Mexico City’s legislators need to create new laws that recognize the importance of conservation areas while acknowledging that illegal settlements aren’t going anywhere, Cancino says. But regulating the settlements is politically unpopular, he says, while relocating them to other areas would be expensive.
Particularly for those settlements in high-risk zones, such as areas where there are ravines or slopes, relocation is critical, he says, but local authorities must agree to spend the money needed to do that.
“It’s a very complicated subject,” he says. “I think that, first, you need a public policy of complete attention, which implies revising soil use regulations and, two, political will and resources, of course.”
Conservation areas were established in the 1980s, when the city began to grow and its authorities saw a need to protect natural areas, says Irma Escamilla Herrera, a researcher from the Universidad Nacional Autónoma de México’s geography institute who specializes in urban development.
But those urban authorities didn’t account for the fact that more people would need more living space. With no legal, buildable areas available, people pushed into conservation areas, Escamilla Herrera says. In some cases, residents are tricked into paying for land that they don’t realize can’t be built upon.
The lack of safe, affordable housing is an issue of basic rights, says Enrique Cano Bustamante, the social director of TECHO, an international organization that works with inhabitants of illegal settlements to help them improve their living conditions. TECHO works in 18 illegal settlements in and around Mexico City.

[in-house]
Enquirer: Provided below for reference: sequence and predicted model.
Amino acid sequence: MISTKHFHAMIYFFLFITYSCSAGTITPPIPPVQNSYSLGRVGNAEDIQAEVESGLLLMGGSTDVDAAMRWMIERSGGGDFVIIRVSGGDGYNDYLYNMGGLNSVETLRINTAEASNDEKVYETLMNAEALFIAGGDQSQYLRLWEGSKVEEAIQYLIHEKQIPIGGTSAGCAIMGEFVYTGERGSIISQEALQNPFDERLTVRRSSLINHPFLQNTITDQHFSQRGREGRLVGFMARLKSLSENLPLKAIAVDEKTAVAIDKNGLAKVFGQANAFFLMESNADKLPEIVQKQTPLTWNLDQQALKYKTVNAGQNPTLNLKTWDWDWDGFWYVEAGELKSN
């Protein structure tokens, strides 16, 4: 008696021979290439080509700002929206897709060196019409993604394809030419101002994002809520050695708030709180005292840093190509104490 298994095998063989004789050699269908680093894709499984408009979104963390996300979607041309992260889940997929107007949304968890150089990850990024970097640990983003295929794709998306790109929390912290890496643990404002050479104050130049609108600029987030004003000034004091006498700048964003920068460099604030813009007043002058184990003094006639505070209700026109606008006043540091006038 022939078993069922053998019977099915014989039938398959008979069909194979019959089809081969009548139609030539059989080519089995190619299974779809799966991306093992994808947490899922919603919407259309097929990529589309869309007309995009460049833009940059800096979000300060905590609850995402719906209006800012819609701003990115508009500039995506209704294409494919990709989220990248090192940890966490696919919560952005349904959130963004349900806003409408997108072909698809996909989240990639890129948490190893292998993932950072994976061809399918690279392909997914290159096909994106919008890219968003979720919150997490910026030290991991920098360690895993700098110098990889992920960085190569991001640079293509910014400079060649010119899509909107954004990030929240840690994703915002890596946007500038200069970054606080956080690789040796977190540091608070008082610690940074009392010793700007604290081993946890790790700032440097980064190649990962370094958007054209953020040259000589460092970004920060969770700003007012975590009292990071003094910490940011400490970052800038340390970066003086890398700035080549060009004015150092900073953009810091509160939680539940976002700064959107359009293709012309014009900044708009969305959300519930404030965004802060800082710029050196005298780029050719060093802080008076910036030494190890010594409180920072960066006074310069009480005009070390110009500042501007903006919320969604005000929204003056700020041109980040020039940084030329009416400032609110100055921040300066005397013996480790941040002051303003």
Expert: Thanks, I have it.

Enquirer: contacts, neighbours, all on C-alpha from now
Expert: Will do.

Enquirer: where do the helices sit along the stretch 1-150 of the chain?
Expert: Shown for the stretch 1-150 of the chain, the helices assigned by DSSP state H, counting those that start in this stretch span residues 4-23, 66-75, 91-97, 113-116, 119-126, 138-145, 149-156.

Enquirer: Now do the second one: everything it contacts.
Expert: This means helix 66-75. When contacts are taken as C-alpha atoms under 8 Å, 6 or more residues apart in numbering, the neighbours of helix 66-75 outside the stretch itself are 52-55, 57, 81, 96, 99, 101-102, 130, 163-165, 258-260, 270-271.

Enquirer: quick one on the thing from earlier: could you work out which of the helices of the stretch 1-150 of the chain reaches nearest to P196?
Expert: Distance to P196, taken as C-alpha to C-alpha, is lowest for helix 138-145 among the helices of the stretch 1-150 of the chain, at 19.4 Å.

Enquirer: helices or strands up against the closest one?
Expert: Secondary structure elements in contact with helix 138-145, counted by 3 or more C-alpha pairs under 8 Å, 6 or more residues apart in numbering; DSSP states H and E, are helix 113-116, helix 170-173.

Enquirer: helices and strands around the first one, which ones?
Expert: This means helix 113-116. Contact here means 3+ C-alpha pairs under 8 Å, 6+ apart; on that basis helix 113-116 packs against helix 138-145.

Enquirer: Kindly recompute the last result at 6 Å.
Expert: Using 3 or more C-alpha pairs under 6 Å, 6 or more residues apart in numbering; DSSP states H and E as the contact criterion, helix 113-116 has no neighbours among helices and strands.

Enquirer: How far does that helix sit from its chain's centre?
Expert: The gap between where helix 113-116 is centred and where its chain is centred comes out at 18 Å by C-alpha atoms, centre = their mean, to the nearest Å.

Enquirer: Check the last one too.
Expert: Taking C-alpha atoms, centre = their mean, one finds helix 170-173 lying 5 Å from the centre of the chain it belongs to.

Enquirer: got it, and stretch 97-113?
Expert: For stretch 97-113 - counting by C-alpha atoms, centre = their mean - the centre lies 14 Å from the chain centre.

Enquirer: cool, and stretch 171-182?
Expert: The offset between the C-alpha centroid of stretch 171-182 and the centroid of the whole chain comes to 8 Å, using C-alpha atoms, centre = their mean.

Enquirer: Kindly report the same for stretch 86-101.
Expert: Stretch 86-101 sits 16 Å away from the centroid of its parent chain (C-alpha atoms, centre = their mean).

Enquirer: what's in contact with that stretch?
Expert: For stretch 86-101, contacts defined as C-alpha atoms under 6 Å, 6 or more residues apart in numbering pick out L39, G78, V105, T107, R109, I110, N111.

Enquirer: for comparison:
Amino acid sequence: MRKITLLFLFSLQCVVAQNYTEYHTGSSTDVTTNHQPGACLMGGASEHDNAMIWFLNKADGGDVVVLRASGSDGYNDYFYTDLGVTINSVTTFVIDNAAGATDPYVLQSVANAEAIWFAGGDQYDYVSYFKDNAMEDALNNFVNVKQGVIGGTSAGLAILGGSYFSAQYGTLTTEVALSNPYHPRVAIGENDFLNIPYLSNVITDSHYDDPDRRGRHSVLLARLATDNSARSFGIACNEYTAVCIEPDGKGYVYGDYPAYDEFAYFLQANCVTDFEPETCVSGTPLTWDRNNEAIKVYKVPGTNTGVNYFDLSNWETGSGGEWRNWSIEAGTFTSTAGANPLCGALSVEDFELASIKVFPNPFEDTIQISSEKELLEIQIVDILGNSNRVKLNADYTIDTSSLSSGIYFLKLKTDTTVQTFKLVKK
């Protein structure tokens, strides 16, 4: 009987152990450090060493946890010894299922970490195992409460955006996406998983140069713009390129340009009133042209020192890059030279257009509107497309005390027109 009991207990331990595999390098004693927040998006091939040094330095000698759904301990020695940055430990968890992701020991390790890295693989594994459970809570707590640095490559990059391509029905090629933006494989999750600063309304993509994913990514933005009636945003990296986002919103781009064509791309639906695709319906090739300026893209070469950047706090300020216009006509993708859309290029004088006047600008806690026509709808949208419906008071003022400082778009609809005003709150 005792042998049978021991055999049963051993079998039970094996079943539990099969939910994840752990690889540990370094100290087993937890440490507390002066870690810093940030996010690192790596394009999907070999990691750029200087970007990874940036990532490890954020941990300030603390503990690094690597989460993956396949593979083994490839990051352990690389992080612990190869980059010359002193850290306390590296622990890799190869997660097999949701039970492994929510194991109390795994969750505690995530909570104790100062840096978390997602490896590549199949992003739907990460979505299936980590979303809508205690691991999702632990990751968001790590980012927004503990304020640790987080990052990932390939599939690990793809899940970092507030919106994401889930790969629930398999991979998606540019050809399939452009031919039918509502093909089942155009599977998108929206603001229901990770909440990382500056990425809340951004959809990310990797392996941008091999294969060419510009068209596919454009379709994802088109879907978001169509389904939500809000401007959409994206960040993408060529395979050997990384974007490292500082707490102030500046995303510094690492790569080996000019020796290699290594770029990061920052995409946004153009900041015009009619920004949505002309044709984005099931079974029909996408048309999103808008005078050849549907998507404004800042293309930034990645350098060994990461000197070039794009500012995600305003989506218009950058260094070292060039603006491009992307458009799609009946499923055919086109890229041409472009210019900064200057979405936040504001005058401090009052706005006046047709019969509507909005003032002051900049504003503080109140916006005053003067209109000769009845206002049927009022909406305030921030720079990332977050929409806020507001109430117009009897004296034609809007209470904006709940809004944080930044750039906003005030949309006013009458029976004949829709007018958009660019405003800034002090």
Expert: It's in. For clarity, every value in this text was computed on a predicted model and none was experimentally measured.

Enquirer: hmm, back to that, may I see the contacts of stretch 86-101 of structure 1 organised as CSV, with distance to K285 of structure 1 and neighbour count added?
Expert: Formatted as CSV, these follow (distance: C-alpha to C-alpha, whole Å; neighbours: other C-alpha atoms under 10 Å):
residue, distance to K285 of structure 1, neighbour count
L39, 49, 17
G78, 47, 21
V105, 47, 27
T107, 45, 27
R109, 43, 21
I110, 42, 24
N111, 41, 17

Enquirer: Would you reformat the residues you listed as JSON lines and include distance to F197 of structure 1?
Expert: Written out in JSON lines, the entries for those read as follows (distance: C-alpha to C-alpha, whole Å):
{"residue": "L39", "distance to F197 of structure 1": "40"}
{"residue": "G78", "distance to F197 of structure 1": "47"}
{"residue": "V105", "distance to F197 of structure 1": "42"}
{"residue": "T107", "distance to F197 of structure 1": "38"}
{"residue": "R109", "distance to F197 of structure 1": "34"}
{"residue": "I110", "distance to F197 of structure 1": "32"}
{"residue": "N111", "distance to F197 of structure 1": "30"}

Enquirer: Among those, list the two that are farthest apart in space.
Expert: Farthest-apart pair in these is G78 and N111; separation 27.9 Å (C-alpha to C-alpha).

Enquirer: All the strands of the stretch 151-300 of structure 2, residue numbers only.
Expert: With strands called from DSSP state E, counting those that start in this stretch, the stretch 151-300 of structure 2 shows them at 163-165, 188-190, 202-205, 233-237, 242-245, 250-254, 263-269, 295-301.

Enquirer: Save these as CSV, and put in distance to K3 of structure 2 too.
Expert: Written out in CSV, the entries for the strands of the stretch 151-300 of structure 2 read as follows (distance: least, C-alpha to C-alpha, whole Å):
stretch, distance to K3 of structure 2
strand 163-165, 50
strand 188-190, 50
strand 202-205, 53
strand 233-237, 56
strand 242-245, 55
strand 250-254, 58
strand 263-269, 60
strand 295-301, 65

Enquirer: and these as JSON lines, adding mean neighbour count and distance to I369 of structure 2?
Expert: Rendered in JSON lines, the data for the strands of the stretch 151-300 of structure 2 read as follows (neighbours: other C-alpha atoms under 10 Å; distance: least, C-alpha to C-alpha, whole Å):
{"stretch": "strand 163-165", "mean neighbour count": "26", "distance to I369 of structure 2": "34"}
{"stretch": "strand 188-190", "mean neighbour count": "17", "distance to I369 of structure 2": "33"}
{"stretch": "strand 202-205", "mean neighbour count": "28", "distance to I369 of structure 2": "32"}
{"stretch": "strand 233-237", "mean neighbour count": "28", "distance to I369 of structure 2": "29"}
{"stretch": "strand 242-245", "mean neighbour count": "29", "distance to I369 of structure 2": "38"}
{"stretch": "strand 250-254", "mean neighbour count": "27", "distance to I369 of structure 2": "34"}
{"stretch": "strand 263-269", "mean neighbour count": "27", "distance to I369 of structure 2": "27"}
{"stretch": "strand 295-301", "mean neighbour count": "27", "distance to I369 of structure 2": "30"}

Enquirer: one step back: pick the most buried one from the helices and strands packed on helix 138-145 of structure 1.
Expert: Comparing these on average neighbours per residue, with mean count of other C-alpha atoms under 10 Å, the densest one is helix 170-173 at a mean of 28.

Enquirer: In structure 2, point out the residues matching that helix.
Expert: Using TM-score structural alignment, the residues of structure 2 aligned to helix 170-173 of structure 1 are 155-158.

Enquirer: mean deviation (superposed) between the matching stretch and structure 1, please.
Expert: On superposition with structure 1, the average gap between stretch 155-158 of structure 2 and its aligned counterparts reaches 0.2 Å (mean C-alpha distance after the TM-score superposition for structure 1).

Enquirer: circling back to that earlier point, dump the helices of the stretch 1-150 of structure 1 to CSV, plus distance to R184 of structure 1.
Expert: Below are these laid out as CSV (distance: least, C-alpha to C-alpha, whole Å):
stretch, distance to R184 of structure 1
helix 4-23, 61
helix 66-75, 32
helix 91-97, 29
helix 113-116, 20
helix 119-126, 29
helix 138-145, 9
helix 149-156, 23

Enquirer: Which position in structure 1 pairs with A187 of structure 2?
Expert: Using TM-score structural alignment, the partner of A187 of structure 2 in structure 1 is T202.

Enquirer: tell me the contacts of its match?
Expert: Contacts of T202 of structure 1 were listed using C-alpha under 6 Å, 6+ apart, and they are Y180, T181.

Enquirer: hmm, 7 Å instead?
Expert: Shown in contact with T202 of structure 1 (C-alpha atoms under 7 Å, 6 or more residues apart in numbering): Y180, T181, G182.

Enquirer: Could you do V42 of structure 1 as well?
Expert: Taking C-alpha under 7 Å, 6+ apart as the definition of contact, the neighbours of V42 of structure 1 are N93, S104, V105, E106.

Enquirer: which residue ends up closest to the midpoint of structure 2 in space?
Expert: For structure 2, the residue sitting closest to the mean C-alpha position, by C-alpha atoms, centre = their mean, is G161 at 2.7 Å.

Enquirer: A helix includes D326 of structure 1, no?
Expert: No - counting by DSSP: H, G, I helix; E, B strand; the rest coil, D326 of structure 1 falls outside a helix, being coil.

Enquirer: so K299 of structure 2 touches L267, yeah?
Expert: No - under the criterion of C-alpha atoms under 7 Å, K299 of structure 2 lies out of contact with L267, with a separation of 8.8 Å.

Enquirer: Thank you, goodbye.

The people who live in those conservation areas don’t intend to cause environmental damage, he says.
“The people are there out of necessity, because their most fundamental rights are being violated,” he says.
The average cost of a house in Mexico City nearly doubled between 2005 and 2015 — from 1,913,984 pesos (just over $100,000) to 3,722,708 (just over $200,000), according to statistics published by Sociedad Hipotecaria Federal, a Mexican development banking institution focused on housing credit.
In Mexico City, there are about 179,000 homes that are overcrowded or built with deteriorating or cheap materials such as sheet metal, asbestos, wood, shingles or tiles.
The city’s growth should have been controlled long before now, Escamilla Herrera says.
“If action had been taken, we wouldn’t have this severe growth that we see now, understanding that behind this is a complicated social problem because I don’t have another place for these people to live,” she says.
Some of the people who built their homes on conservation land didn’t know at the time that what they were doing was illegal.
Like many other residents of conservation areas, Bibriesca Esquivel jumped at what she thought was a great deal on legally-buildable land. She says she paid 135,000 pesos ($7,167) for a 120-square-meter lot (143.5 square yards). The person who sold it to her didn’t mention anything about building restrictions, she says.
After the first eviction, she looked for the man she paid for the land. She found him and he assured that he would return her money, but then he disappeared. That’s when she decided to stay on the plot and defend herself.
“The truth is that I didn’t have anywhere to go, (so) I fought for my territory,” she says.
Mayela Sánchez, GPJ Mexico
Danielle Mackey, GPJ, translated this story from Spanish.